The fate of former Fourth and Hope Executive Director Leona Jull remains in the hands of a Yolo County jury, after both sides delivered closing remarks on Friday morning. The jury went home late Friday afternoon and will continue its deliberations on Monday.
Ms. Jull is charged with one count of Grand Theft by embezzlement and is accused of stealing more than $30,000 through the use of the company credit card while serving as executive director of the Fourth and Hope homeless shelter.
While Deputy DA Jennifer McHugh made the argument that the thefts represented a pattern of behavior – using assets from the non-profit that she had authority over and access to for personal gain, the jury was also instructed that they could find for a lesser included offense of petty theft. Grand theft requires the amount stolen to exceed $950 and to demonstrated that when the defendant used the money, the she “intended” to deprive the owner of it permanently or temporarily.
Ms. McHugh told the jury that Fourth and Hope did not need a credit card policy in place to tell Ms. Jull it was wrong to use money intended to help the homeless to buy personal items.
Fourth and Hope entrusted her with their funds, they gave the 14-year executive director access to the company credit card, company vehicles, and other sources of funding and assets.
Ms. McHugh argued that, while they might have caught the crimes sooner had the board been paying more attention to the credit card receipts, the crime was committed nevertheless. She used a position of trust to benefit herself and that no credit card policy was needed to prove this point.
She argued that had these been legitimate purchases, the defendant would have turned over receipts to prove this.
Ms. McHugh would go down a long list of items that she argued were purchased for personal use. There was a marine battery for a boat that was purchased for $109 – Fourth and Hope, she argued, did not own a boat. She cited a $97.80 purchase at Tahoe Joe’s in Roseville that the defendant spent on a meal with her boyfriend. Ms. McHugh cited numerous donations that went to her house and testimony that stated that she took some of the best donations for herself and the rest went to the homeless.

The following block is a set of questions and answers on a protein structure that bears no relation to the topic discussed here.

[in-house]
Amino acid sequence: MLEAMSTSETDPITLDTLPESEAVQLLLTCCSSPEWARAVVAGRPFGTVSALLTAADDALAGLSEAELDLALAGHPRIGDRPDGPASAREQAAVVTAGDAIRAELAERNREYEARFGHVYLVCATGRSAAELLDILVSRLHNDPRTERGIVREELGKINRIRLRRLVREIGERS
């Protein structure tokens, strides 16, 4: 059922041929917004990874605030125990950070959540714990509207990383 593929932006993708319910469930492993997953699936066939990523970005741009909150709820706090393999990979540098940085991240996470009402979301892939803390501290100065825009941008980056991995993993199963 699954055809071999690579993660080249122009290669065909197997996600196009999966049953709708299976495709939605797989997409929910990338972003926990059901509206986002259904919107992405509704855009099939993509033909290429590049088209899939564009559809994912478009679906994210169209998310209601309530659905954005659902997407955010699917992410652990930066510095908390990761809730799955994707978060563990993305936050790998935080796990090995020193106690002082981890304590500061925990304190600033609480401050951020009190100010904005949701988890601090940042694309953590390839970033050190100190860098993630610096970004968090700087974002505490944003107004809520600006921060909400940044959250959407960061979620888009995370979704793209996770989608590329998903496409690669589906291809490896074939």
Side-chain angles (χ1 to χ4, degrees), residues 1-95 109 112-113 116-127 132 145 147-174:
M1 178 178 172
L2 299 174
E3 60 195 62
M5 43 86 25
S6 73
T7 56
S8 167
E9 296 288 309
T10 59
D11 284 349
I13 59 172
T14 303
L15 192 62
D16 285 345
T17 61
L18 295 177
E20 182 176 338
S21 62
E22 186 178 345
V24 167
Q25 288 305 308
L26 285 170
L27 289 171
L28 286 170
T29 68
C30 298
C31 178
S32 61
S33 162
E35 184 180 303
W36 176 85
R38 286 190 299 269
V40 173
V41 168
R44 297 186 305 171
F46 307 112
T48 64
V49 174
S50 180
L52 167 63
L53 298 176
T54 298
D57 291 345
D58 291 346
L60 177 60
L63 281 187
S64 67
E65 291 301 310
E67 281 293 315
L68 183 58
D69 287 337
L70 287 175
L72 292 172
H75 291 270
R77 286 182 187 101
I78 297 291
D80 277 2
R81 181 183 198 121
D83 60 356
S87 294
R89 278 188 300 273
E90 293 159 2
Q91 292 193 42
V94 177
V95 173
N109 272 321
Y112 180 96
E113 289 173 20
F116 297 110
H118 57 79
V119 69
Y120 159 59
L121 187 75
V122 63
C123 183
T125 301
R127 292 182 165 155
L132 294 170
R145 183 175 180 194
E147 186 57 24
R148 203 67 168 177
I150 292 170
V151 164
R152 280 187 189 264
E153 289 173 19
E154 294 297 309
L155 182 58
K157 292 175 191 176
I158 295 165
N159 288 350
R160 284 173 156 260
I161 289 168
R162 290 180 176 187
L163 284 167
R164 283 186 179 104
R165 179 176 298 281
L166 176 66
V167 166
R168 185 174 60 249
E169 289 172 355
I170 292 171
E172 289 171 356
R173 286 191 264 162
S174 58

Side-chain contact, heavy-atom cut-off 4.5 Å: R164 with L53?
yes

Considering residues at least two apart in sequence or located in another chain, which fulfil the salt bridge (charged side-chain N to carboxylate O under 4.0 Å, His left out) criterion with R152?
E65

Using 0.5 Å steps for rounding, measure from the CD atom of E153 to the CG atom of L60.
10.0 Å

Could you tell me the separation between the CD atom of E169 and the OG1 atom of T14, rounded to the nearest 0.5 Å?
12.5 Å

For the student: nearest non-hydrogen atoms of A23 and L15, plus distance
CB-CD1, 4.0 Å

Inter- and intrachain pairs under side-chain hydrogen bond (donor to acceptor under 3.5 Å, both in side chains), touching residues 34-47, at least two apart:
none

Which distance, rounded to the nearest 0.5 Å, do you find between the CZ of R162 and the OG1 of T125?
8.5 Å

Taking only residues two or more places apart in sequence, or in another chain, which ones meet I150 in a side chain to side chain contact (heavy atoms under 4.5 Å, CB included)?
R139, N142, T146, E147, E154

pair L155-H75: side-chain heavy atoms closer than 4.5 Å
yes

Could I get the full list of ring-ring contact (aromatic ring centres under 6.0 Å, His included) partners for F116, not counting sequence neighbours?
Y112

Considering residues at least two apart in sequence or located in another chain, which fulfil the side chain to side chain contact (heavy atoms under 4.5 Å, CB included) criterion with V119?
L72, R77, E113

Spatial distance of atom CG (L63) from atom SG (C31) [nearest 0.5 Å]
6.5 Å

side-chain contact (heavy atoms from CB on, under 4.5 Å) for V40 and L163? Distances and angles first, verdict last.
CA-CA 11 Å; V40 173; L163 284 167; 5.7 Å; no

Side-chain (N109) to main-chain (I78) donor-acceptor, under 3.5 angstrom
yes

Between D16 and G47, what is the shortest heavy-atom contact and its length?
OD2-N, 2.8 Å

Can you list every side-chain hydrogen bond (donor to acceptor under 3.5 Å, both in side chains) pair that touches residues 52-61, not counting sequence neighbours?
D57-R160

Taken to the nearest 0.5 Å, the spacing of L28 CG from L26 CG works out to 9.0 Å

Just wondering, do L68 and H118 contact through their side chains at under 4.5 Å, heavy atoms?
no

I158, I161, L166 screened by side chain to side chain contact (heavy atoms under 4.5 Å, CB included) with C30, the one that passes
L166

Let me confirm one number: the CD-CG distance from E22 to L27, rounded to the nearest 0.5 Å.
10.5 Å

She argued that she purchased a cell phone and paid $677.67 in cell phone bills for her boyfriend’s daughter’s personal use. There was a $257 Direct TV purchase, and $200 for her front door.
She cited a $106 AAA towing for her personal vehicle, and $108 for an inflatable tow raft. She claimed she was told she could spent $1000 to fix her own car, and $796 for tires.
There was also the sofa that she purchased for $604 which she claimed she reimbursed to Fourth and Hope. Ms. McHugh pointed out that, under the law, it is still embezzlement, theft, even if you return it or pay the money back.
She cited $26.96 for vacation fishing tackle supplies, around $120 for chlorination tablets and $308.95 for a citation while on vacation.
She argued that this list alone shows over $4000 of money intended for the homeless that Ms. Jull spent on herself. “It is all right to take money for the starving and the needy and use it to pay for personal luxuries?” she asked the jury. “Is this legal?”
Defense Attorney Robbin Coker pushed back in her closing, arguing that, while everyone considered Leona Jull a great executive director who moved the organization from around a $400,000 one to one with over $2 million in net assets, this case is simply about revenge where Chris Gutierrez went to the board after not getting promoted to Assistant Director and blew the whistle.
He did not show up as a witness in the trial, after being terminated himself for having inappropriate conduct with a client. Ms. Coker argued that when he came forward to the board, no one asked the defendant what was going on or asked her to explain what happened.
Ms. Jull was suddenly, without notice, escorted off the property and locked out from the system. Therefore, whatever receipts there were, she had no access to.
Ms. Coker portrayed an organization, with board members who had two year terms and an executive director who had been around 14 years, as playing fast and loose with money and assets, having poor bookkeeping, and having so many commitments that led the bookkeeper as well as the CFO to have to chase receipts – not just from Ms. Jull but from all employees.
Much of her closing was spent attempting to debunk and explain claims made by the prosecution that purchases were done for personal reasons.
For instance, Ms. Jull was accused of buying a battery for her boat but the battery that the officer found when he searched her home was not the same one that she was accused of purchasing for herself with the company credit card.
Where’s the battery? Ms. Coker would ask. She said the simple answer for why they never found it is that Ms. Jull did not purchase it for herself.